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Today's Tidbit... Football Travel Times In The Nineteen Aughts
With USC, UCLA, Oregon, and Washington joining the Big Ten and other changes in conference affiliations, teams located far from the geographic center of their new conferences face long travel distances and times. The anticipated travel has brought criticism, especially from coaches in sports that compete several days per week. Of course, those coaches already take their teams to Maui or the Bahamas for tournaments and play mid-week away games throughout the season. Likewise, baseball and track teams in northern climes head south or west four or five weekends each spring to compete in more favorable conditions.
However, since Football Archaeology is about football's old days, reviewing the travel itineraries and times faced by football teams competing about 120 years ago seemed appropriate. To do so, I picked a mixed bag of college teams and examined their travel arrangements for their longer trips.
During the first decade of the 20th Century, teams representing state flagship universities or others playing big-time football played most games at home and mostly faced lesser teams from the same or border states. They did not go far when they traveled. Wisconsin, for example, played only one game outside its home and border states until 1907. Other schools showed similar patterns, with variations driven by each state's geographic size and density of nearby colleges. Travel to distant locations was by train, often at slow speeds with multiple connections. Playing mid-season games in neutral, central city locations was relatively common because those cities provided larger spectator pools and train connections for both teams and their fans.
So, let's look at a few games and the visiting teams' travel arrangements. Trips of more than 200 miles often took a full day or more, requiring a night on the train or a hotel along the way.
November 17, 1900: Northwestern (7-2-3) @ Minnesota (408 miles)
Northwestern left home Friday morning, stopping two-thirds of the way to Minnesota in Eau Claire, Wisconsin, at 6:00 PM Friday. The team held a light practice in Eau Claire's armory and left for Minneapolis early Saturday with plans to arrive at noon.
The Minnesota game was Northwestern's only contest played outside the Chicago metro area that season.
November 29, 1900: Minnesota (10-0-2) @ Nebraska (423 miles)
To play a season-ending Thanksgiving Day game, the Minnesota team and several hundred rooters from Minnesota traveled overnight. They arrived in Lincoln at noon on Wednesday, two hours later than scheduled. Along the way, the baggage car carrying the team's gear was switched off the train and did not arrive until later Wednesday night.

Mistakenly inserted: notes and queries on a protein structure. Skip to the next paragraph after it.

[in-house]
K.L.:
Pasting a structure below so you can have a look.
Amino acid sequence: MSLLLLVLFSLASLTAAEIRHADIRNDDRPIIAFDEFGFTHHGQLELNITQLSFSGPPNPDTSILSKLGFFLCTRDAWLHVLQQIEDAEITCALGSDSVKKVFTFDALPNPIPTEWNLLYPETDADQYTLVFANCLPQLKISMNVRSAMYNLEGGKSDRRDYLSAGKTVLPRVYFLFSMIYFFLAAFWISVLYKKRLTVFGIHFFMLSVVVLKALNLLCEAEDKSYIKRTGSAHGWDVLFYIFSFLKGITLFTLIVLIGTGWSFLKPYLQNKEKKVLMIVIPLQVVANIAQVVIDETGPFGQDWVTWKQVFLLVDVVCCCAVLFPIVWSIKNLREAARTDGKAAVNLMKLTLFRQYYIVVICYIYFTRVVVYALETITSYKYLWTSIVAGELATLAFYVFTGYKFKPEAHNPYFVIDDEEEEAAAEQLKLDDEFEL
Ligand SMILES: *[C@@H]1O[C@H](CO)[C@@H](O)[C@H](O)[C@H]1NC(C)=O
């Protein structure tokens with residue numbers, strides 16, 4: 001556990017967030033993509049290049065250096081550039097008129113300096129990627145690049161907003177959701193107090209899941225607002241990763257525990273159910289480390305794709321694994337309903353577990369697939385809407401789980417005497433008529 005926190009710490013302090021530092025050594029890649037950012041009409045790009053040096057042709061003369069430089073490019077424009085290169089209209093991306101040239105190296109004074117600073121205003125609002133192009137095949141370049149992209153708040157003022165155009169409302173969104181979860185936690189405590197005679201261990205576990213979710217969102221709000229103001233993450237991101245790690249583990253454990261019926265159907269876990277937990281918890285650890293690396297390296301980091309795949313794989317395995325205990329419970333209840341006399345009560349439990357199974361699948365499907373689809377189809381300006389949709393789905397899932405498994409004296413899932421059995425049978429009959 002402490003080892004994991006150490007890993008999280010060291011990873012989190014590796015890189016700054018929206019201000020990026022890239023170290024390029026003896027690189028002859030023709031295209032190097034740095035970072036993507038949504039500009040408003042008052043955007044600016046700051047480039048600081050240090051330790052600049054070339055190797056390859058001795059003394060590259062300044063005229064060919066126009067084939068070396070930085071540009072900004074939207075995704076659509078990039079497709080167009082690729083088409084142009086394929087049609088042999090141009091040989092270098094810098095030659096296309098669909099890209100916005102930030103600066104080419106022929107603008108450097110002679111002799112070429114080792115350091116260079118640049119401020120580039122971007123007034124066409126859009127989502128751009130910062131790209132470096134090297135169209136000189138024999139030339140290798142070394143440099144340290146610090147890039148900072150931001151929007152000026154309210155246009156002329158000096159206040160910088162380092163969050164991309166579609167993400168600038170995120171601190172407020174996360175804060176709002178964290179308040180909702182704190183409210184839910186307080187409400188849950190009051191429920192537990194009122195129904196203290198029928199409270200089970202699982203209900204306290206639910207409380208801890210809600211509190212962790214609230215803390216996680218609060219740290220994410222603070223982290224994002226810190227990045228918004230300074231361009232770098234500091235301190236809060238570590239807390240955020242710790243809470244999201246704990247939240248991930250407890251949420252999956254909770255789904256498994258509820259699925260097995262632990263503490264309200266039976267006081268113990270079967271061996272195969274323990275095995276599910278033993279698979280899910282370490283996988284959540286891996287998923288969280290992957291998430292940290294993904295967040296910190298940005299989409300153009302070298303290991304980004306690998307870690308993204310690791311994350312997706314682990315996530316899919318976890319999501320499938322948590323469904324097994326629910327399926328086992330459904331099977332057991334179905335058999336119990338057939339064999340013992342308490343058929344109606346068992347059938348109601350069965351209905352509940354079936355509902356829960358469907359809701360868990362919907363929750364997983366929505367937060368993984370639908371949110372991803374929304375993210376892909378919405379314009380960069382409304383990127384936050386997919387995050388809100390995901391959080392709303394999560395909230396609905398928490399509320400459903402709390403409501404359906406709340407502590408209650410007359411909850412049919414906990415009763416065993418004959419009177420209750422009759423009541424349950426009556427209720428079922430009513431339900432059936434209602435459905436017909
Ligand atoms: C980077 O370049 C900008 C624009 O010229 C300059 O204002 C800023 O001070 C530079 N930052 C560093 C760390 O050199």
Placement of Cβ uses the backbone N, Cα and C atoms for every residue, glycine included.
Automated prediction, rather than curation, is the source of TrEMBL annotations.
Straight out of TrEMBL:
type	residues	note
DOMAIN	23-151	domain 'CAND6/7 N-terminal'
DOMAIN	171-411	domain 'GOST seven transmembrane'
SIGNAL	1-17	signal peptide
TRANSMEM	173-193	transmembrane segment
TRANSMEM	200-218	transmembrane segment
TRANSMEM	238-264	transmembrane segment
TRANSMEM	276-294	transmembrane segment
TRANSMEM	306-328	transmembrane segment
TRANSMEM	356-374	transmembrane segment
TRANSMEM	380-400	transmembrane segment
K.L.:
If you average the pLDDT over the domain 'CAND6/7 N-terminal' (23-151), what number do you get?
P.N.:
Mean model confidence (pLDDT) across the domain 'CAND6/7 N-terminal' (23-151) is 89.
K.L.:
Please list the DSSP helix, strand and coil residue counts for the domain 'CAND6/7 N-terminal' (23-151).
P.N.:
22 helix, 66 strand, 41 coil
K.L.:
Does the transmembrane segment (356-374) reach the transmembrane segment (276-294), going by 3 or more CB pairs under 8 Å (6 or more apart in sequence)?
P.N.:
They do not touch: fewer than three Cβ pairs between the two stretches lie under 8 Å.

The trip to Lincoln was Minnesota's only game away from home that season.
October 22, 1904: Tennessee (3-5-1) @ Georgia Tech (314 miles)
Tennessee left Knoxville for Atlanta at 430 AM on the Southern Railroad for a game starting at 3:30 the following afternoon.
November 18, 1905: Wisconsin (8-2) @ Michigan (393 miles)
For a game that helped determine the Big Ten championship, Wisconsin left Madison at 3:45 PM on Thursday, passing through Chicago on Thursday night and arriving in Detroit on Friday. The team stayed in Detroit until early afternoon Saturday before taking an interurban line from Detroit to Ann Arbor that arrived 20 or 30 minutes before the game started.
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October-November 1905: Texas' Three-Game Trip
Rather than make a long trip to Nashville and return directly to Austin, Texas packed three games into one: a Saturday game at Vanderbilt, a Tuesday game at Arkansas, and a Friday game with Oklahoma in Oklahoma City.
October 28, 1905: @ Vanderbilt (861 miles) Texas left Thursday night for their Saturday game in a Pullman sleeper via the International and Great Northern Railroad to arrive in Nashville on Friday morning. They spent Friday in signal practice and resting for the game.
October 31, 1905: @ Arkansas (530 miles) Texas left Nashville and traveled to Springfield, Missouri, spending the day there before heading to Fayetteville for their Tuesday game.
November 3, 1905: Oklahoma @ Oklahoma City (219 miles) Texas left Fayetteville and traveled directly to Oklahoma City, arriving Wednesday night for their Friday game. Oklahoma arrived by train at 730 AM on Friday morning for the afternoon game. After playing on Friday, Texas was expected home on Sunday afternoon after the 388-mile trip from Oklahoma City.
October 12, 1907: Iowa State (6-2) @ Minnesota (215 miles)
ISU's games at Minnesota and Nebraska were their only contests outside of Iowa that year. The team left Friday afternoon with plans to arrive in Minneapolis on Saturday morning for their 300 PM game.
The examples above show that travel times for games over 200 miles from home generally required an overnight stay. It is also worth noting that travel times within the state or neighboring states took far longer than is needed today. So, college athletes in days gone by also faced travel challenges. The extent to which future travel in the new conferences contributes to academic and other challenges is to be determined. Still, today's athletes are not the first to face such challenges.
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